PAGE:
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ter; and by the testimony of his followers, which in PROP. all its circumstances was the most credible, certain, and convincing evidence, that was ever given to any matter of fact in the world.

First, The Christian revelation is positively and directly proved to be actually and immediately sent to us from God, by the many infallible signs and miracles which the author of it worked publicly as the evidence of his divine commission.

acter of

evidence of


Besides the great excellency and reasonableness of of the life the doctrine considered in itself, of which I have al- and charready treated, it is here of no small moment to ob- our Saviserve, that the author of it (separate from all exter- our, as an nal proof of his divine commission) appeared in all the truth his behaviour, words, and actions, to be neither an of the impostor nor an enthusiast.* His life was innocent and revelation. spotless, spent entirely in serving the ends of holiness and charity, in doing good to the souls and bodies of men, in exhorting them to repentance, and inviting them to serve and glorify God. When his bitterest enemies accused him, in order to take away his life, they could not charge him with any appearance of vice or immorality. And so far was he from being guilty of what they did accuse him of, namely, of vain-glory and attempting to move sedition, that once, when the admiring people would by force have taken him and made him their king, he chose even to work a miracle to avoid that, which was the only thing that could be imagined to have been the design of an impostor. In like manner, whoever seriously considers the answers he gave to all questions whether moral or captious, his occasional discourses to his disciples, and more especially the wisdom and excellency of his sermon upon the mount, which is as it were the system and summary of his doctrine,

* Πευστέον δὴ αὐτῶν, εἴ ποτέ τις ἄλλος τοιῦτος πλάνος ἱστόρηται, πραότης τος καὶ ἐπιεικείας σωφροσύνης τε καὶ τῆς ἄλλης ἀρετῆς διδάσκαλος τοῖς ἀπα TWμÉVOIS YEYOVAS TIOS, &c.-Easeb. Demonstrat. Evangelic. lib. 3.

PROP. manifestly surpassing all the moral instructions of XIV. the most celebrated philosophers that ever lived; cannot, without the extremest malice and obstinacy in the world, charge him with enthusiasm.

Of the miracles of

Christ as the evidence of his divine commission.

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These considerations cannot but add great weight and authority to his doctrine, and make his own testimony concerning himself exceedingly credible. But the positive and direct proof of his divine commission are the miracles which he worked for that purpose; his healing the sick, his giving sight to the blind,—his casting out devils,-his raising the dead, -the wonders that attended his crucifixion,-his own resurrection from the dead,-his appearance afterwards to his disciples,-and his ascension visibly into heaven.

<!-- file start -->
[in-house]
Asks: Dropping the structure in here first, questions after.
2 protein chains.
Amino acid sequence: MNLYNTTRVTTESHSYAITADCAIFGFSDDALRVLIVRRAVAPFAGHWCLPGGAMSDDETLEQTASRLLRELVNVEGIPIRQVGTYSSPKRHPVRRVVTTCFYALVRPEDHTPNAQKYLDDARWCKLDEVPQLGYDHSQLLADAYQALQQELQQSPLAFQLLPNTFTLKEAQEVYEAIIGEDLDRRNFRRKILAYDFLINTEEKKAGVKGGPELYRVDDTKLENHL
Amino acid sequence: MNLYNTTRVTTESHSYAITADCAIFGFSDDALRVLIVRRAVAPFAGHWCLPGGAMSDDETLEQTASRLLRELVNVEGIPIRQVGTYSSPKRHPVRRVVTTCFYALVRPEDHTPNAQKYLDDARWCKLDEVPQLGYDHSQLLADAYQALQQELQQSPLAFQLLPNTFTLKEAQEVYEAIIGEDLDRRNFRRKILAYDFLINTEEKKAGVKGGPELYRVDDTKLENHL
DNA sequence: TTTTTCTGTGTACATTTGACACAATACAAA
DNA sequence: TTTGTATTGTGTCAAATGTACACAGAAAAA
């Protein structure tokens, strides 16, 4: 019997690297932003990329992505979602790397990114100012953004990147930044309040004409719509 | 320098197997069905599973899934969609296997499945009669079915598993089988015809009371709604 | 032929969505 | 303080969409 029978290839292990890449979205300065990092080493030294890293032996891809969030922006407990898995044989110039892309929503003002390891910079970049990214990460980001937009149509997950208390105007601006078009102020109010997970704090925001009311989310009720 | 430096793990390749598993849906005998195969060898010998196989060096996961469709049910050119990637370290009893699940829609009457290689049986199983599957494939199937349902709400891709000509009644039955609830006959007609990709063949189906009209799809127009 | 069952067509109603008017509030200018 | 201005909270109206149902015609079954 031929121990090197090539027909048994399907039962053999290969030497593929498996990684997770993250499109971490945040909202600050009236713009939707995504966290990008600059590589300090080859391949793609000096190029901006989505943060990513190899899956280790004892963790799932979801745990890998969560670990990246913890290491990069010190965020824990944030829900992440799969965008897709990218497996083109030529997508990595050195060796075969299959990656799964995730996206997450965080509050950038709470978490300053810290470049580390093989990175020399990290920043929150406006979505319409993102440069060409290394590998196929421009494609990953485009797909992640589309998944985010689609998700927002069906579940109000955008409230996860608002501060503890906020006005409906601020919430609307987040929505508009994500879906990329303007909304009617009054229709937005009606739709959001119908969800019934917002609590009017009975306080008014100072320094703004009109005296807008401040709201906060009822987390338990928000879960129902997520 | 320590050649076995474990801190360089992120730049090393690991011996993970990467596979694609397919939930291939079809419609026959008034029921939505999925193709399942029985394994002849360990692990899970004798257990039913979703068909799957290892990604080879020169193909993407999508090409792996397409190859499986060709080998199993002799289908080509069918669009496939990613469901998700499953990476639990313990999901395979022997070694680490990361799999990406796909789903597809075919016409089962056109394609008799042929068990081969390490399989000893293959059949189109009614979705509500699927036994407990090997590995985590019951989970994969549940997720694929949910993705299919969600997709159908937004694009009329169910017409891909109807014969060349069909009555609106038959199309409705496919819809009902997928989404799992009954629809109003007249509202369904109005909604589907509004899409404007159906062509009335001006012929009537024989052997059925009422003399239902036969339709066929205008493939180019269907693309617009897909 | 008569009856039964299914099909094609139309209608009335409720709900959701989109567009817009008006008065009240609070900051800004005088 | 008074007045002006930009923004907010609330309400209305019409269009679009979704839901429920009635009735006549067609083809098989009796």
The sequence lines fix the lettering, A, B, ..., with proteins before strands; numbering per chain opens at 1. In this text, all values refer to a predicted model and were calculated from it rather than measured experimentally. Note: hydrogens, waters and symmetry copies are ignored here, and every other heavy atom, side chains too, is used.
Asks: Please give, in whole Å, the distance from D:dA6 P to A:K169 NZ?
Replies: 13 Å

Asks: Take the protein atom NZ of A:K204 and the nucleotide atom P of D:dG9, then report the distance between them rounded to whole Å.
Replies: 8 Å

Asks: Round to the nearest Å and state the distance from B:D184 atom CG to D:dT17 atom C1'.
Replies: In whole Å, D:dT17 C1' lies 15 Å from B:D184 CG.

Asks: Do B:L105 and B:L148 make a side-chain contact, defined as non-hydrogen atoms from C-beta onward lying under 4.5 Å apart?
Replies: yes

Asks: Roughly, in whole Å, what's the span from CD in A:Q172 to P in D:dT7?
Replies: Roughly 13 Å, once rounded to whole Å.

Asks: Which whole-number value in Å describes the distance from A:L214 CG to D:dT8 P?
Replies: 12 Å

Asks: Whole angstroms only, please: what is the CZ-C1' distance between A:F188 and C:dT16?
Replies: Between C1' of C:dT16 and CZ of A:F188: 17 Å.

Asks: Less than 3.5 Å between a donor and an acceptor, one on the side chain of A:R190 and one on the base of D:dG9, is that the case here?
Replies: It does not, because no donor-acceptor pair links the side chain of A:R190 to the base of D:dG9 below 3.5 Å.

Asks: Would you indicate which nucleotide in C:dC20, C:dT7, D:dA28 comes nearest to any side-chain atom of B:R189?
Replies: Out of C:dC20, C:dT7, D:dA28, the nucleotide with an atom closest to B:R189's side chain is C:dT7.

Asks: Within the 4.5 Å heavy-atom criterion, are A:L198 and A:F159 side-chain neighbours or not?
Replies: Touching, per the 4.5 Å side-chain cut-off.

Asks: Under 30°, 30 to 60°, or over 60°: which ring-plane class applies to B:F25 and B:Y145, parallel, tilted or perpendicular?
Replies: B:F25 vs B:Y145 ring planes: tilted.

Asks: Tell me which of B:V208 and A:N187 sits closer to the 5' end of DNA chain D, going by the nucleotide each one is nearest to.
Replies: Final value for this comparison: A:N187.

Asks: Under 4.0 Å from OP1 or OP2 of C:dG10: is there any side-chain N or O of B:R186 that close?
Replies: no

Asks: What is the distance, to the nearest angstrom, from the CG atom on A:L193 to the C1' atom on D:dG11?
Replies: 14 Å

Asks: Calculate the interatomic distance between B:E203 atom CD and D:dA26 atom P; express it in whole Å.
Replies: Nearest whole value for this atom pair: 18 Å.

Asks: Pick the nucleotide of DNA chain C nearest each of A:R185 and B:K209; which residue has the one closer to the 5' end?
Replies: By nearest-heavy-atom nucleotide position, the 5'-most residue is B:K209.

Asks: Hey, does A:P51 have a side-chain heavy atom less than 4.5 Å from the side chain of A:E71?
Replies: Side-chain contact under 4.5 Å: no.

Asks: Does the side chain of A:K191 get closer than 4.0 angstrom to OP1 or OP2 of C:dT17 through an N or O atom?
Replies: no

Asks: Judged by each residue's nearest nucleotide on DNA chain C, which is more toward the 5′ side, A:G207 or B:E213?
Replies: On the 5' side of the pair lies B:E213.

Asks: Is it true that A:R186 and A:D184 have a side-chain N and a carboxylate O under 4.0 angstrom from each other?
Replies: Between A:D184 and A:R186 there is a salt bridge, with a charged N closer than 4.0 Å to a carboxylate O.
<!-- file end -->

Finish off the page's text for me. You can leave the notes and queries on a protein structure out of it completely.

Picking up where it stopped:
These, and the rest of his stupendous miracles, were, to the disciples that saw them, sensible demonstrations of our Lord's divine commission: And to those who have lived since that age, they are as certain demonstrations of the same truth, as the testimony of those first disciples, who were eye-witnesses of them, is certain and true.

To the disciples that saw them, these miracles were sensible and complete demonstrations of our Lord's divine commission, because they were so great, and so many, and so public, and so evident, that it was absolutely impossible they should be the effect of any art of man, of any chance, or fallacy; and the doctrine they were brought to confirm was of so good and holy a tendency, that it was impossible he should be enabled to work them by the power and assistance of evil spirits; so that, consequently, they must of necessity have been performed, either immediately or mediately by God himself.

But here, because there have been many questions raised, and some perplexity introduced by the disputes and different opinions of learned men, concerning the power of working miracles, and concerning the extent of the evidence which miracles give to the truth of any doctrine, and because it hath been much


controverted, whether true miracles can be worked PROP. by any less power than the immediate power of God; and whether, to complete the evidence of a miracle, the nature of the doctrine pretended to be proved thereby is requisite to be taken into the consideration or no; it may not perhaps be improper, upon this occasion, to endeavour to set this whole matter in its true light, as briefly and clearly as I can.

pect of

the power

things are

1st, then; In respect of the power of God, and in That in rerespect to the nature of the things themselves, absolutely speaking, all things that are possible at all, of God, all that is, which imply not a direct contradiction, are alike easy. equally and alike easy to be done. The power of God extends equally to great things as to small, and to many as to few; and the one makes no more difficulty at all, or resistance to his will, than the other.